"Something's Brewing at Blue Ridge"
by gayla mills
Blue Ridge Brewing Co. is in a turn-of-the-century building on Main Street across from the Southern Railroad Station. It's been renovated with tall mirrors and a long open bar to increase the feeling of depth, while retaining the old tin ceiling and weathered brick walls. Muted earth tones blend with maroon tablecloths and subdued lighting to create a relaxed daytime setting. The late hours transform the room into an arena for the clinking beer glasses, excited night talk, and booming music.
When I heard this was Virginia's first brewery-restaurant, I imagined pot-bellied men wearing white aprons and tall rubber boots, wading through the spilled brew and laughing heartily in the darkened rooms. This image was dispelled as soon as I peered through the gleaming windows at the ceiling-high tanks of fermenting brew. There wasn't a drop of ale on the floor, and a collegiate-looking lad was monitoring the operation. This is no working class pub.
For those of you interested in the intricacies of brewing, a diagram by the observation window takes you through step by step. Your intellectual appetites satisfied, you can then sample the results at your table. Their beers include lagers, ales, and stout and go for $1.75 a glass. The lager and stout that I sampled were both smooth and flavorful, though light-bodied for their types (the stout runs considerably lighter than a Guinness, for example.)
While drinking you can sample a wide selection of snacks. Popular favorites include the wontons with trout and cheese. With a creamy filling and mild fish flavor, these six luscious eggrolls sit on their plate like plump cherubs on a picnic, a pot of homemade mustard in their midst.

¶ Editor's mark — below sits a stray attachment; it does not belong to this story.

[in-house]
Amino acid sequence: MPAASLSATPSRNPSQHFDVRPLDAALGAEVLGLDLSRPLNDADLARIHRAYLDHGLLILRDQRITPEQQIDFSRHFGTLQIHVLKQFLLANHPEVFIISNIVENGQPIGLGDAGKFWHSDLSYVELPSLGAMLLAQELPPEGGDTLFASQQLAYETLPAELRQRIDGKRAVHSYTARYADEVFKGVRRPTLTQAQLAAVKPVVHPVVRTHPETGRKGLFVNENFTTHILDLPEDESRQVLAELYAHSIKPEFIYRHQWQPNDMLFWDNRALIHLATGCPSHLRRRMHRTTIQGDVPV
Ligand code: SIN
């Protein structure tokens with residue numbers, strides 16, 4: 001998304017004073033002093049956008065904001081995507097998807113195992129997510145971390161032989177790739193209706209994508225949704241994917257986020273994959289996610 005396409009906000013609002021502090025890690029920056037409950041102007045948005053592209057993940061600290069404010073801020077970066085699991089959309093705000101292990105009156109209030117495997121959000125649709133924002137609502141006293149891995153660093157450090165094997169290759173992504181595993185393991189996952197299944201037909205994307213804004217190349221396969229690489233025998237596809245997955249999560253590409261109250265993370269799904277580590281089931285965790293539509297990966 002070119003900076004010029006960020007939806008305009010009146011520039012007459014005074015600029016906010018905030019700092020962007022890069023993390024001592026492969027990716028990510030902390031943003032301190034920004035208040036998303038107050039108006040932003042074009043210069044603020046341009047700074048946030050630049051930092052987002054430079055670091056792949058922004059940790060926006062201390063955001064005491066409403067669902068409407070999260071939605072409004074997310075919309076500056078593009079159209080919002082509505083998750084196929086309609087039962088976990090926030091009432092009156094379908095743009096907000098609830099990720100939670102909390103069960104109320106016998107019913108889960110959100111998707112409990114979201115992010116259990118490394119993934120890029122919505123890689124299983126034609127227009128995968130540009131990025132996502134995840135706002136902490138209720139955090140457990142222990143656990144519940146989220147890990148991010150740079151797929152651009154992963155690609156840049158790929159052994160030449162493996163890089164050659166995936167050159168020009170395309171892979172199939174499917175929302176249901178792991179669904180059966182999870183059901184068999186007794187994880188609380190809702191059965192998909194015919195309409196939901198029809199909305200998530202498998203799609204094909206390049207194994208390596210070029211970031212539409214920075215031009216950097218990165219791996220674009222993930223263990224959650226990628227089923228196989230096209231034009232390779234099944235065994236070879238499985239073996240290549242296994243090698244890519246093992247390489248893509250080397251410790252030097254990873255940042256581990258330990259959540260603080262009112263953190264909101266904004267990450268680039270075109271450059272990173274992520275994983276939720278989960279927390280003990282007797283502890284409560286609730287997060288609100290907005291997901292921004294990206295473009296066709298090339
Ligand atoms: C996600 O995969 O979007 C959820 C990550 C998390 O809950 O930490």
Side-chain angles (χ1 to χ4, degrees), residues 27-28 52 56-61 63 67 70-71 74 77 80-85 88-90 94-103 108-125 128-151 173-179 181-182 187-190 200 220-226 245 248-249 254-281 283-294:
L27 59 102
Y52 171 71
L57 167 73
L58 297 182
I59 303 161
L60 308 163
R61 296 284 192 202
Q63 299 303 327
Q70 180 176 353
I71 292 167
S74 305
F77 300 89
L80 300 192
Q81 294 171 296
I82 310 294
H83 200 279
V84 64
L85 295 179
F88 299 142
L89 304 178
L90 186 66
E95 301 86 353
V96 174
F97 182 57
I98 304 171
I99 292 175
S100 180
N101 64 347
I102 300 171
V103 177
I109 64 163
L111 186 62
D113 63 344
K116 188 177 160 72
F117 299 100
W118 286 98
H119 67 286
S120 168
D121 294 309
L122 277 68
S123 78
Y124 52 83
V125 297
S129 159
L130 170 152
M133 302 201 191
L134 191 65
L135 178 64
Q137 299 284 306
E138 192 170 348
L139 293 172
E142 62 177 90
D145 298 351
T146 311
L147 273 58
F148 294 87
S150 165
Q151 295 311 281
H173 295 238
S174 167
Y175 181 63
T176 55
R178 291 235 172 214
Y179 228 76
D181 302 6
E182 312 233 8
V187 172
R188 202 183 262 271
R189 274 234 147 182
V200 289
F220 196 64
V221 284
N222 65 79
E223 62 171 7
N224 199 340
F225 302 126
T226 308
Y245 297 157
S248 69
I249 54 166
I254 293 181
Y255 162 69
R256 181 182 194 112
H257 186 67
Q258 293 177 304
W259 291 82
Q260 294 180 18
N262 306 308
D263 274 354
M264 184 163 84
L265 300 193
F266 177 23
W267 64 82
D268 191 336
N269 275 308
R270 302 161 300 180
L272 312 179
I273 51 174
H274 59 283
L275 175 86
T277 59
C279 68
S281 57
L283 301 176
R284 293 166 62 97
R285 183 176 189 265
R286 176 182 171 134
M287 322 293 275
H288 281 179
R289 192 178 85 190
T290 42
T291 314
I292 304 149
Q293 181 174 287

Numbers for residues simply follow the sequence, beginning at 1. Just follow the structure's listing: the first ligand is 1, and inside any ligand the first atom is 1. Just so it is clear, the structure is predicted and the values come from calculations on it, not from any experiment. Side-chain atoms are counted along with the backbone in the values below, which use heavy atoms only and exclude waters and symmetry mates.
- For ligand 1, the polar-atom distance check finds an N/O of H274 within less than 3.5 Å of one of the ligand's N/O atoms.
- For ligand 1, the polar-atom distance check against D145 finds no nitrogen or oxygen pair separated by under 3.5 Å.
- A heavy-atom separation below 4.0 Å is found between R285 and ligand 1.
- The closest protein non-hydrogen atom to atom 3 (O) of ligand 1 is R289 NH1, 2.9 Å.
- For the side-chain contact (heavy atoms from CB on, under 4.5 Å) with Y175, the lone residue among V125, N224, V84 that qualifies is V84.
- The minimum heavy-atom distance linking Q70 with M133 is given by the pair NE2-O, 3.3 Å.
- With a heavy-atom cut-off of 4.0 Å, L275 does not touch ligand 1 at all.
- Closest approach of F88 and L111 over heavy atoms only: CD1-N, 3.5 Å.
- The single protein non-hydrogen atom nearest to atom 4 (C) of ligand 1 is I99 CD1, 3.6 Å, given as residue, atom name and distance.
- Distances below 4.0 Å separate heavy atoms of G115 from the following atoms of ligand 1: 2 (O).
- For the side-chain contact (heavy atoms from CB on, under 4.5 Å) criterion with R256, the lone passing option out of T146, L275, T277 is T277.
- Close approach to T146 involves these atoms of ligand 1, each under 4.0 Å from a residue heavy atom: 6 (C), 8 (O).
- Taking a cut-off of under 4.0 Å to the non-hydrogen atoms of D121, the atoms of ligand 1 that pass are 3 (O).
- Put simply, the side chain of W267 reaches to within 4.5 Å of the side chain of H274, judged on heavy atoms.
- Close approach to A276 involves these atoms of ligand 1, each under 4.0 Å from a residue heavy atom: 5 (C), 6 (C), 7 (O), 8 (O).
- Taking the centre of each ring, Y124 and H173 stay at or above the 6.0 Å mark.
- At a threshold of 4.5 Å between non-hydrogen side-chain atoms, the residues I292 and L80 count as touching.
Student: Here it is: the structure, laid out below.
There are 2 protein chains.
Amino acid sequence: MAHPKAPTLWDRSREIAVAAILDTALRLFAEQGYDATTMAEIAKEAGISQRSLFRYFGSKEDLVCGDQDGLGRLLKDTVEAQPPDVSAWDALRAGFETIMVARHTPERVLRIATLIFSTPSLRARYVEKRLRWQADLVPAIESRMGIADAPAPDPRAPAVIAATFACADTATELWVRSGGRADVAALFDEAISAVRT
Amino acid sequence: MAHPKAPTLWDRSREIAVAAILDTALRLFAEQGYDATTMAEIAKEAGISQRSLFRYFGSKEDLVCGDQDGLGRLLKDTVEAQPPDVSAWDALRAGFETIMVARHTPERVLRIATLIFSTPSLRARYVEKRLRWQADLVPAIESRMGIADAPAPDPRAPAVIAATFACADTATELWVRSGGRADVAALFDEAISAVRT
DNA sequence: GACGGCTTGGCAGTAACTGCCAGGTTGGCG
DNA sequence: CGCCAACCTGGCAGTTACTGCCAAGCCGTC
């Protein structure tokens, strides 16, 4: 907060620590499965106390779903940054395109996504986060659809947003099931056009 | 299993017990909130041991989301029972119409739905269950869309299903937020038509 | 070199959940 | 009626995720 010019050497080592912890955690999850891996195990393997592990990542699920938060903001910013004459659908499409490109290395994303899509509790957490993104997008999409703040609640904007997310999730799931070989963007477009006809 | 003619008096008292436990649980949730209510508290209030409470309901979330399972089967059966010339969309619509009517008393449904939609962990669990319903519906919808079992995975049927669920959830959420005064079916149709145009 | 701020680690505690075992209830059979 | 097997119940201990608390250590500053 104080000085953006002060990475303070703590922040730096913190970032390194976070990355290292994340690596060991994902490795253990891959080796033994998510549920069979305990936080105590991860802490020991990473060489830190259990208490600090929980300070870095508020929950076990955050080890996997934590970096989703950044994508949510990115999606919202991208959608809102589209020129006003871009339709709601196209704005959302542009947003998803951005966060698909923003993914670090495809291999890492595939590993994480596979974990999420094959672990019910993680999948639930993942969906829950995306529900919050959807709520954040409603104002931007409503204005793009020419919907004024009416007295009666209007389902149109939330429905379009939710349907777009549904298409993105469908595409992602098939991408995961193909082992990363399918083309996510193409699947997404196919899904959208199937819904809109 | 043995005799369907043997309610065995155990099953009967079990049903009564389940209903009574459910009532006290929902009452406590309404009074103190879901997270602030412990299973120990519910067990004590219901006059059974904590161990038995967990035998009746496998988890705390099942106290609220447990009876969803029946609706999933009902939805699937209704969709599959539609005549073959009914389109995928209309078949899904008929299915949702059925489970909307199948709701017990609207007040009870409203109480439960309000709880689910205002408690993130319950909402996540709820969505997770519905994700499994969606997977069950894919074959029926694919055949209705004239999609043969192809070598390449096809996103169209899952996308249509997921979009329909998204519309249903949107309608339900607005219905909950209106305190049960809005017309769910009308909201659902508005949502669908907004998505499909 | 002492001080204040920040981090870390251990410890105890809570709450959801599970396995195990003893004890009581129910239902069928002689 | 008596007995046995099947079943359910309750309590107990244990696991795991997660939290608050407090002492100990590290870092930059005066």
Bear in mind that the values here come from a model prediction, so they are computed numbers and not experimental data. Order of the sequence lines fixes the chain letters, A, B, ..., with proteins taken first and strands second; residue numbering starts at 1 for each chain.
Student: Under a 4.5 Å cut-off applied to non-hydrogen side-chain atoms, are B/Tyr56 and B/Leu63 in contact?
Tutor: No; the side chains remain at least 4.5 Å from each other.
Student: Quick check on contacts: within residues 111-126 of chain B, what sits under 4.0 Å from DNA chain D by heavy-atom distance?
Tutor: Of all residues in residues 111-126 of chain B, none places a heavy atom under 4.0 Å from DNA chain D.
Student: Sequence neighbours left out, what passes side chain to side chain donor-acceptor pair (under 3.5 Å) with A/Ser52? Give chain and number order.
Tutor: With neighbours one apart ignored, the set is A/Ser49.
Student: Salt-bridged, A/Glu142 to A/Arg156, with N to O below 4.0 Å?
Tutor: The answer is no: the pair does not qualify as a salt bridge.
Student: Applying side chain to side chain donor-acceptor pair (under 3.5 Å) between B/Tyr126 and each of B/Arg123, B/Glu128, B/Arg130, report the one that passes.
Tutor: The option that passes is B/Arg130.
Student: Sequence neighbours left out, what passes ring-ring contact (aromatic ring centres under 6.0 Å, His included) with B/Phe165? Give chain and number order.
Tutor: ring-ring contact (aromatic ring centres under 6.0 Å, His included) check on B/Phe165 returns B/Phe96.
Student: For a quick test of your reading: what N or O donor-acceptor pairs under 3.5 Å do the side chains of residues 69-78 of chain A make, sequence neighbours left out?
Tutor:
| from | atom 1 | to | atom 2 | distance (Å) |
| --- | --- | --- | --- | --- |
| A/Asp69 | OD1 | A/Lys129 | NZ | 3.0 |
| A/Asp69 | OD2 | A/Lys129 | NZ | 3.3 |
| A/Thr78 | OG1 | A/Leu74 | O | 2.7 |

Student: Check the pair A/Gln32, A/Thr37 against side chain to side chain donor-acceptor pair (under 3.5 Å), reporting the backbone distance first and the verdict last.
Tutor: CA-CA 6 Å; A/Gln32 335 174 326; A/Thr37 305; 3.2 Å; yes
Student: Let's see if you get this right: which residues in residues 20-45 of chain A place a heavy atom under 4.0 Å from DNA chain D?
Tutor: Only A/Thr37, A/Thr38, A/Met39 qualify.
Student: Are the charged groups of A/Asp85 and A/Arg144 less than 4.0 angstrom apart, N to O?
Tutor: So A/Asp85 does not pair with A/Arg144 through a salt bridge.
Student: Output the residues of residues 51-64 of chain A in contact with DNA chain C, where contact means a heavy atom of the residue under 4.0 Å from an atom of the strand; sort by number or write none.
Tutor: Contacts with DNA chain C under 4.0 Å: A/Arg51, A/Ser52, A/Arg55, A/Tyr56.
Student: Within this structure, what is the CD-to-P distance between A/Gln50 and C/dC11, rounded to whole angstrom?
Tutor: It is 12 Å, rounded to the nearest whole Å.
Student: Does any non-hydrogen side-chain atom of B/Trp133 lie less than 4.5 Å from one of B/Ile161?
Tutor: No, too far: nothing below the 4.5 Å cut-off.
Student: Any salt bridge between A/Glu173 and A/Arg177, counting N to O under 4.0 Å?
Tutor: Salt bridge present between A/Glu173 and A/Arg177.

When I was there for lunch, discreet strands of Tracy Chapman could be heard, making it easy to talk or enjoy the music. The service was prompt and attentive, the lunch selection varied, from pork chops and country ham biscuits to tuna salad and lasagna. I had chicken smothered in a nicely seasoned sauce of mushrooms and onions. In addition to the three pieces of chicken, juicy and flavorful, the plate came with a generous helping of herbed potatoes and a side salad. Best of all, it fit well within the budget: the entrees run from $4.50 to $4.95. Regretfully, I hadn't a square centimeter left for the homemade desserts, which included an enticing bourbon pecan pie and a mocha chocolate cheesecake.
Their dinners feature a similar variety of food prepared in different ethnic traditions, from a Cajun blackened redfish (at $9.95) and Caribbean marinated chicken ($8.25) to grilled shrimp wrapped with basil and proscuitto ($11.95).
My favorite meal is their Sunday brunch. Although they serve numerous specials, the buffet at $8.95 is the way to go. More modest in selection and price than the grandiose hotel buffets around town, the Brewery's brunch focuses on fresh ingredients and cooking from scratch. The most recent buffet had quiche and lamb stew, homemade biscuits and cream chipped beef, sausage and bacon, hash browns and sliced meats, carrot cake with cream cheese icing, fresh apple slices baked with cinnamon, fruit salad and peach cobbler, and a bottomless cup of coffee or tea. Since there are plenty of tables, you can relax over your Sunday paper without feeling the press of the crowd.
Because the Brewery's foods and atmosphere vary so much with the time of day, you may want to sample more than one meal to see which suits you best. The Brewery is a chameleon, with shifting moods and crowds to match. But whatever time you go, you can feel confident that the food will be prepared with fresh ingredients and care.